My main excitement for my first Coachella was seeing Alison Wonderland perform her United States debut at the Sahara Stage on Saturday. In a sense, it was also her first Coachella, at least in terms of performing. I had been hyping many of my friends up to her, especially since she just released her album, “Run,” and had been supporting her music for a couple of years She had convinced me that she could throw down a set with flair, and the audience was very receptive to her set. Whoever designed her stage knew what they were doing. The setup featured screens which showed her hands working on the CDJs and bouncing along to some wonderful drops.
Bringing my friends to Alison Wonderland was a really important moment for me because it was literally my most anticipated set of the weekend. Similarly, I went with my crew to go see their favorite acts as well. My friend Eric [pictured above] showed me Tame Impala and I felt the true power of a rocking band at night on stage right before AC/DC. Soulection’s Joe Kay teamed up with rapper Jay Prince for a smooth and laid-back soul-filled set. Tracks ranged from Jay Prince’s own tracks to some throwback instrumentals of songs like “Overnight Celebrity” and “PYT.”
Not only do I have some broad tastes in music, but my homies extend the tastes even further. Because of that, I was introduced to some really dope groups like Kasabian, Gorgon City, and Caribou that I wouldn’t have sought out otherwise.
The difficulty of all of the great talent at Coachella is TIME CONFLICTS!!! My advice for time conflicts is to rate the acts on the bill from 1-3, 1 meaning you have to see the act and 3 meaning you just have a desire to see them. Give a 1 at least 40 minutes of your time, a 2 at least 20, and a 3 10-15, and you should be able to follow it. Of course any plans are prone to change based on how you feel in the moment or who you’re spending time with. From personal experience I can say that it was a nice balance, and I didn’t feel awful about missing many acts in particular. The Do Lab stage hooked me personally because I was hearing so much about it from friends and the music lineup was overall the most appealing to me.
The Do LaB Stage
The Do Lab lineups were stacked. Some acts packed plenty of artsy trap and house vibes, while the audience got showered with water guns and were entertained with inflatable beach balls. Below is a candid image of my crew-mate Anthony and I, right after I tried to hit the ball but he moved it slightly out of my reach!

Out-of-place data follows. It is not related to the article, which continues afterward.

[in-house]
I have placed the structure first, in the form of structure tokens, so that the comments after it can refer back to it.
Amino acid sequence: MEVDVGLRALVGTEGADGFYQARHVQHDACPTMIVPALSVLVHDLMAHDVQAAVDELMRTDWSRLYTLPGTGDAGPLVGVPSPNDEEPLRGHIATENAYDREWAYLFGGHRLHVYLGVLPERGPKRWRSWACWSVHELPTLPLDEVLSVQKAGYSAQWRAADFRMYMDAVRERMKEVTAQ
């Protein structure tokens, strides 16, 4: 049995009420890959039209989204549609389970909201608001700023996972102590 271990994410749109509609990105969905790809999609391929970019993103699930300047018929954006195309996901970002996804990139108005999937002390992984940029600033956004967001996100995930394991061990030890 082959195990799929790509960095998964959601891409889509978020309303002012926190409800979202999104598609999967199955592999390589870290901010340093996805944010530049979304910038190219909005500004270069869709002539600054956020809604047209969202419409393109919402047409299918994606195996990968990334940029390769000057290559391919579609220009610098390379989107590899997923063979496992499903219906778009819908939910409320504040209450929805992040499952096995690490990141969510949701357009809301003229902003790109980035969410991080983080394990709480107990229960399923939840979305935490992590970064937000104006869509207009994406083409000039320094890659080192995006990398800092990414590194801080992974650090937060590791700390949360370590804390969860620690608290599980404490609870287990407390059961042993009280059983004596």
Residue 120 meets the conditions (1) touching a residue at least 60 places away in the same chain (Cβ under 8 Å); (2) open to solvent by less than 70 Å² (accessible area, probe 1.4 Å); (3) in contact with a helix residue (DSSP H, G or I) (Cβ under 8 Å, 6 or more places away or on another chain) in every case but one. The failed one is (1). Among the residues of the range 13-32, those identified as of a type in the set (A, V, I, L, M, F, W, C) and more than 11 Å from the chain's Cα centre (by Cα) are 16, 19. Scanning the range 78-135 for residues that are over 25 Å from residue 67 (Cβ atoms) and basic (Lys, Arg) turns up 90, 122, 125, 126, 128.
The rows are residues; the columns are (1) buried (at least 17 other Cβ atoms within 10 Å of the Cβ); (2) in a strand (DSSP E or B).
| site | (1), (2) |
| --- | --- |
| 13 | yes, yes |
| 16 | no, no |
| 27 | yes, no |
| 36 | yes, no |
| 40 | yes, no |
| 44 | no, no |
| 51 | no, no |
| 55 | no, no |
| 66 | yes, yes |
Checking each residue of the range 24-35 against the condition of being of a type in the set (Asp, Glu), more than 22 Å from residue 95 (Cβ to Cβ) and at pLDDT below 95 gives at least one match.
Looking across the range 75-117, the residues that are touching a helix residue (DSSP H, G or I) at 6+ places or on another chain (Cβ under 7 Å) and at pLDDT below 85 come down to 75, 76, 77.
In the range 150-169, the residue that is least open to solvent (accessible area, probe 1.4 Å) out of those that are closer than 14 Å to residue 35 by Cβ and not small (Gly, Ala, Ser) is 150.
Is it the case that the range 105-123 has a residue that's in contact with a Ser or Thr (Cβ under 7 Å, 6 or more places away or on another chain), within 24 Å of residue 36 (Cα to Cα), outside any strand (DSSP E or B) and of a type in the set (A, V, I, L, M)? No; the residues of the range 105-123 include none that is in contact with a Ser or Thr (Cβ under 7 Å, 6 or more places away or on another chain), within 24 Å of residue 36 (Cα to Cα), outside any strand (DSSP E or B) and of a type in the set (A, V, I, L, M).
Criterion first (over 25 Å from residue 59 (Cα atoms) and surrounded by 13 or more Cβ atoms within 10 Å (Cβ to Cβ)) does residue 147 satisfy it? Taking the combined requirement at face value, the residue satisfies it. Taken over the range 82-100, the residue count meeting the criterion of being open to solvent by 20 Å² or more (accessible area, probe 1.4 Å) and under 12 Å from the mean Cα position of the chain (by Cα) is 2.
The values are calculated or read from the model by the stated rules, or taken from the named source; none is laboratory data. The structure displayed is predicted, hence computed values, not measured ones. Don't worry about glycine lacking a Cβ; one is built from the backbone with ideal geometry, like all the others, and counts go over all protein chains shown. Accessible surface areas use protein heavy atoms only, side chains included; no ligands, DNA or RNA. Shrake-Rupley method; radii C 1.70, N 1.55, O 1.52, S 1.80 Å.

Parts of the stage design fluttered in the wind with a big treehouse-looking station up top with people who controlled the sound and some visual effects. Music heard included some open-air bangers from artists like LOUDPVCK, Jackal, Tokimonsta, Andrew Luce, Kraddy, and more. This music was next level because it had the thumping bass that moves you but the dynamic energy that the DJs were playing with during their sets. You would hear a familiar modern anthem get mixed into a bass-heavy remix of Candy Shop. Part of the beauty of the Do Lab is related to their motto, “Just Do Lab.” That mixture of knowing what to expect, yet not exactly knowing what to expect was guided so well by acts like Justin Jay, Louis Futon, Pomo, and Mija. These DJs have a general style, sure, but the way they navigated their set felt so unrestricted and natural. It was unlike seeing them at a club show because of this, but they delivered many of the tracks that they knew their fans would appreciate. Louis Futon’s sound kept going out because of an overheating issue, but that was the only thing which went wrong that I can think of.
At night, the Do Lab turned into a truly beautiful scene. I still recall the feeling of walking into Kraddy’s set to hear him dropping a track by Buku, and seeing acrobats descend from large hoops from the above. Fire dancers and more came onto the stage while a gnarly bass set was played, artists made their work on walls, now lit by the fire sticks on the stage. Because of all of this, the Do Lab had a thorough presentation and made a ridiculously strong impression on me. It’s part of why the Do Lab is again the stage I expect to find myself stuck to this year in 2016.
Back to Reality
Nearing the end of the my first Coachella, I was pretty exhausted. I had just set up camp just over three days earlier and it went by so fast. My last set of the weekend was chilling off to the side at Kaytranada, eating some Jamaican jerk chicken and rice. I had plenty of room to dance, since people were either at Kygo after David Guetta, or Drake. My girl and I decided it would be smarter to leave about 20 minutes before the sets ended, and boy did that save us time. I was on the freeway by about 11:45 and made it home to West LA by 1:30. I cannot stress how amazing it felt to not deal with any traffic, especially since I had class on Monday morning! I left all of my gear in my car, took a shower, and slept soundly knowing that I had done it. I had done Coachella, and it was a weekend that I shall never forget as one of the most transformative experiences of my last 5 years.